After the Boston University men’s basketball team defeated the University of New Hampshire Sunday 68–56, UNH coach Bill Herrion could not have been more accurate in his assessment of BU’s (15–11, 9–4 America East) mentality as the America East Conference slate nears its conclusion.
“I don’t know this, but I know [BU coach] Joe [Jones] well and it seems like they’re playing like, ‘Okay, you know what? We can’t be in the tournament. Let’s just try to beat everybody on the way out,’” Herrion said. “I don’t know if that’s what their attitude is … They’re playing great. They really are.”
Herrion said no team is playing as well as the Terriers are at this juncture of the season, while the Wildcats (7–17, 3–9 America East) failed to build off last Wednesday’s overtime victory against the University of Maryland-Baltimore County.
“[The Terriers are] dangerous,” Herrion said. “They’ve won seven out of eight, nine out of 11. They’re hot. I told our guys that coming in that they’re playing better or as well as anybody in this league right now. They’re good.”
Junior guard D.J. Irving helped junior forward Dom Morris establish himself in the paint right from the get-go, feeding BU’s tri-captain for a pair of nifty reverse layups to open the scoring for BU.
The score was knotted at 4–4 just three minutes into the game, but a 15–2 burst from the Terriers over the next three and a half minutes expanded their lead to 19–6. They missed only one field goal attempt during the run.
UNH came within a score of 21–12, but a jumper and a three from sophomore forward Malik Thomas and another 3-pointer from freshman forward Nathan Dieudonne late in the first half pushed the Terriers’ edge to 29–12.
With the seconds dwindling down in the first half, Jones clamored for a defensive stop on New Hampshire’s final offensive possession. He got exactly what he wanted, as junior forward Travis Robinson swatted guard Chris Orozco’s shot seconds before the buzzer expired, sending BU into the intermission with a 34–17 advantage.
Coming out of the locker room, Morris found Irving on a backdoor cut for an uncontested layup for BU’s first bucket of the second half.
Shortly thereafter, freshman guard Maurice Watson, Jr., who had six assists on the afternoon, found freshman guard John Papale for a spot-up three that extended BU’s cushion to 20 points in the final session.
Robinson provided the signature highlight late in the contest, taking a bounce pass from Watson Jr. and soaring in for the one-handed dunk that stretched the Terriers’ edge to 55–36.
New Hampshire center Chris Pelcher poured in all of his team-high 15 points in the second half. He bolstered a Wildcats squad that more than doubled its offensive production in the final 20 minutes of regulation and managed to trim the deficit to 11 points with 1:14 to play.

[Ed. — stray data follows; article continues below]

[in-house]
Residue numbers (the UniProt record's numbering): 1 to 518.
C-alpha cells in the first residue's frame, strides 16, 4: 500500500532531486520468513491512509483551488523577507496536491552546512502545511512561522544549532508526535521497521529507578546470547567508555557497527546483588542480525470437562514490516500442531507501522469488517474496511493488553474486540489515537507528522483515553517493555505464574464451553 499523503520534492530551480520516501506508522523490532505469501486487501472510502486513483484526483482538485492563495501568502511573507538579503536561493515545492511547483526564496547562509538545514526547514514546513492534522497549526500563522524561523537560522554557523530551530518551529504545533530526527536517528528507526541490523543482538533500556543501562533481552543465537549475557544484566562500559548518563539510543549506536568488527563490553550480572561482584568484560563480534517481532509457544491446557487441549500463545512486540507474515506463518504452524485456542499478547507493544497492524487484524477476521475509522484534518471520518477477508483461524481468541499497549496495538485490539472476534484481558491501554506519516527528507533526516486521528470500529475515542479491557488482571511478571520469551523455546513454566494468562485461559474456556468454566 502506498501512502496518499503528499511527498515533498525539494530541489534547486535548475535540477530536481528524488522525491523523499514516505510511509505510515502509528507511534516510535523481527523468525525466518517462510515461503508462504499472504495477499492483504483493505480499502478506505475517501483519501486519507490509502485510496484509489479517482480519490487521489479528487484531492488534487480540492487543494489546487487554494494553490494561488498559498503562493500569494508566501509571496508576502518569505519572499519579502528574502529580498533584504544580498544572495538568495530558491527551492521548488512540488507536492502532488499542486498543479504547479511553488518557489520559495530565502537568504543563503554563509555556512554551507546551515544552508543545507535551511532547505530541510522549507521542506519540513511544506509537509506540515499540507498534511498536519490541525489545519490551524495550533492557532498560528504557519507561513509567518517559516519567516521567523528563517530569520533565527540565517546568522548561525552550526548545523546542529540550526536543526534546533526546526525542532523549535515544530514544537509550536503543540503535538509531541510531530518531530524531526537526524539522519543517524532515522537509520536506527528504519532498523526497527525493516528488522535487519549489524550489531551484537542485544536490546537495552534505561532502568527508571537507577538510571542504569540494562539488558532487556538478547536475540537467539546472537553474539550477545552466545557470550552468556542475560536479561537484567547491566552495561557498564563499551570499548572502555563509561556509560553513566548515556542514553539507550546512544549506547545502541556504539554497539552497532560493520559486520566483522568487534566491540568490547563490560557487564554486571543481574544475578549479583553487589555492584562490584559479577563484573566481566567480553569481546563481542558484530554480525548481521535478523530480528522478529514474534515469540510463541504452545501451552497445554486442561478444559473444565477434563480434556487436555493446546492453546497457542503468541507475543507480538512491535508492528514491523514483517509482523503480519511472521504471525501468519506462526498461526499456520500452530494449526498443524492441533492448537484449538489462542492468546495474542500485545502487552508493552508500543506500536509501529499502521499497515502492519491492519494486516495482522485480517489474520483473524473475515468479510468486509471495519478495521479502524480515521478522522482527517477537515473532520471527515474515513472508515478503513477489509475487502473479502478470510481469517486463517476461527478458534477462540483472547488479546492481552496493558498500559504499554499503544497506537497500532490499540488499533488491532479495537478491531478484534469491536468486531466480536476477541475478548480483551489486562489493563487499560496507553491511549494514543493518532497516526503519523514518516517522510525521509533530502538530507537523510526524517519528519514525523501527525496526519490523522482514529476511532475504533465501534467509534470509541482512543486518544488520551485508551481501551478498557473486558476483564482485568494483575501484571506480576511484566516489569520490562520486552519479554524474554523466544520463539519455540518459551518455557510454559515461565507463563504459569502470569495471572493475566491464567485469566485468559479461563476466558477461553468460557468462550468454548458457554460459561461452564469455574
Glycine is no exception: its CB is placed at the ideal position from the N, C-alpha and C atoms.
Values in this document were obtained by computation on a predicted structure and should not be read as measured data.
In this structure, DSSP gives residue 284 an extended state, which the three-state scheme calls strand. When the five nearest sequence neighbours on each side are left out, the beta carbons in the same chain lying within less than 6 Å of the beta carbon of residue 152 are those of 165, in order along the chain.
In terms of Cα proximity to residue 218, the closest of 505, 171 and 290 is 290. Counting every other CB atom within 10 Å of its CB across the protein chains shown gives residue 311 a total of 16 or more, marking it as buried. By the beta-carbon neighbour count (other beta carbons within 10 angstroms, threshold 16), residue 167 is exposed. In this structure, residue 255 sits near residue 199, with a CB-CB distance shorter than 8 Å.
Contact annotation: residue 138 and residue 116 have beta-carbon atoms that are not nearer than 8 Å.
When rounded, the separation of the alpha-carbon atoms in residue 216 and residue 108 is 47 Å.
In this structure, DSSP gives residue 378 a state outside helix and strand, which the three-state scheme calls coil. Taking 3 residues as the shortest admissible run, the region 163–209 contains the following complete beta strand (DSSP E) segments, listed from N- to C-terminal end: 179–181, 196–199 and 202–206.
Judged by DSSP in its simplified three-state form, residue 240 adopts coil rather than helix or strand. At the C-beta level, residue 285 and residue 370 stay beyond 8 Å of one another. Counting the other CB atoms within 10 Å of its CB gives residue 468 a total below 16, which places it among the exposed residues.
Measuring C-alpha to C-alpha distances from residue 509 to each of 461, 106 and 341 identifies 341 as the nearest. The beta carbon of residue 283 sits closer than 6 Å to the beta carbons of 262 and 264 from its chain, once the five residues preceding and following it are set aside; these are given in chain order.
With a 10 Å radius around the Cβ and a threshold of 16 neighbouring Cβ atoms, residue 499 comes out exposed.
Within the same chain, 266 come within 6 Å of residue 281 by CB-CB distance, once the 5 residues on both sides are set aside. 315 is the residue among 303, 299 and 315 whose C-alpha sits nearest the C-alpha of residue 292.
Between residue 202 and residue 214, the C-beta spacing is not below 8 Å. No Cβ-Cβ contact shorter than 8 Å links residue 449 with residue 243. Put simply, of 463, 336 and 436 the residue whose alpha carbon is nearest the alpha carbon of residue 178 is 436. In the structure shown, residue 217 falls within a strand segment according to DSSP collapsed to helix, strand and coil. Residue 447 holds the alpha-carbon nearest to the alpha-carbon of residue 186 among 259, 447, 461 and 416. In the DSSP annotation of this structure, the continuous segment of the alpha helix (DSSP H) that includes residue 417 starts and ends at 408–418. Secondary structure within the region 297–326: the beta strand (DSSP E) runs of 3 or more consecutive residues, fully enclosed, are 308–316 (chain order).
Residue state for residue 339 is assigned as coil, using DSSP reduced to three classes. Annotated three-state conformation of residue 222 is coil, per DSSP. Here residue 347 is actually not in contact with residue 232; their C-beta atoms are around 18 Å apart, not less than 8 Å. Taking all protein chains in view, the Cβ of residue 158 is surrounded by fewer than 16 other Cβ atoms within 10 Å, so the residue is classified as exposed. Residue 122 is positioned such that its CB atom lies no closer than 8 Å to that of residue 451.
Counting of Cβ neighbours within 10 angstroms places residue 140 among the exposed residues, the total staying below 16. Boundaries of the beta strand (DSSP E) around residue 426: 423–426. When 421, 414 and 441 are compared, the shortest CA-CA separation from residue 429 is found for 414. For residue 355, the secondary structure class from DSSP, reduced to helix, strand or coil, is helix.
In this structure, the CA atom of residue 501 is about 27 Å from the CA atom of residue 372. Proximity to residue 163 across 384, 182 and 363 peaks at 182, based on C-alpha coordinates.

However, BU cut off any attempt at a UNH comeback as Watson sunk a 3-pointer with 39 seconds remaining. Pelcher hit a pair of free throws to bring the score to 68–56, but it was too late to get back into the contest, as BU came away with the victory.
Watson Jr. recorded a double-double with 13 points and 10 rebounds.
Morris chipped in 13 points while Thomas and Irving each scored 10 points to buoy BU to its seventh win in eight games.
The six-foot Irving, who only shot the ball nine times, corralled nine rebounds against a lengthy New Hampshire squad.
There has been plenty of room in the Terriers’ backcourt for both Irving and Watson Jr. to coexist and display their unique skill sets without interfering in the other’s game.
“I was hesitant to come here because I didn’t how I was going to play with a guy who plays my same position,” Watson Jr. said. “Am I going to get minutes? [Irving] was pushing for me to come here so hard and he was just putting it out there that we can be the fastest backcourt. We can just change the game here. We can put our school back on the map.”
Even for a team that was presented with a substantial obstacle to making the NCAA Tournament since it was announced in July that BU would not be participating in postseason conference play, Watson said that the Terriers have not lost sight of their in-season goals.
“You have to play with the hand that you’re dealt,” Watson said. “Coming in from day one, the best thing to keep everybody working was to be the toughest competitors that we can be. We all play hard. We all play tough. We still want to be able to make noise … You’re always going out there to play for something.”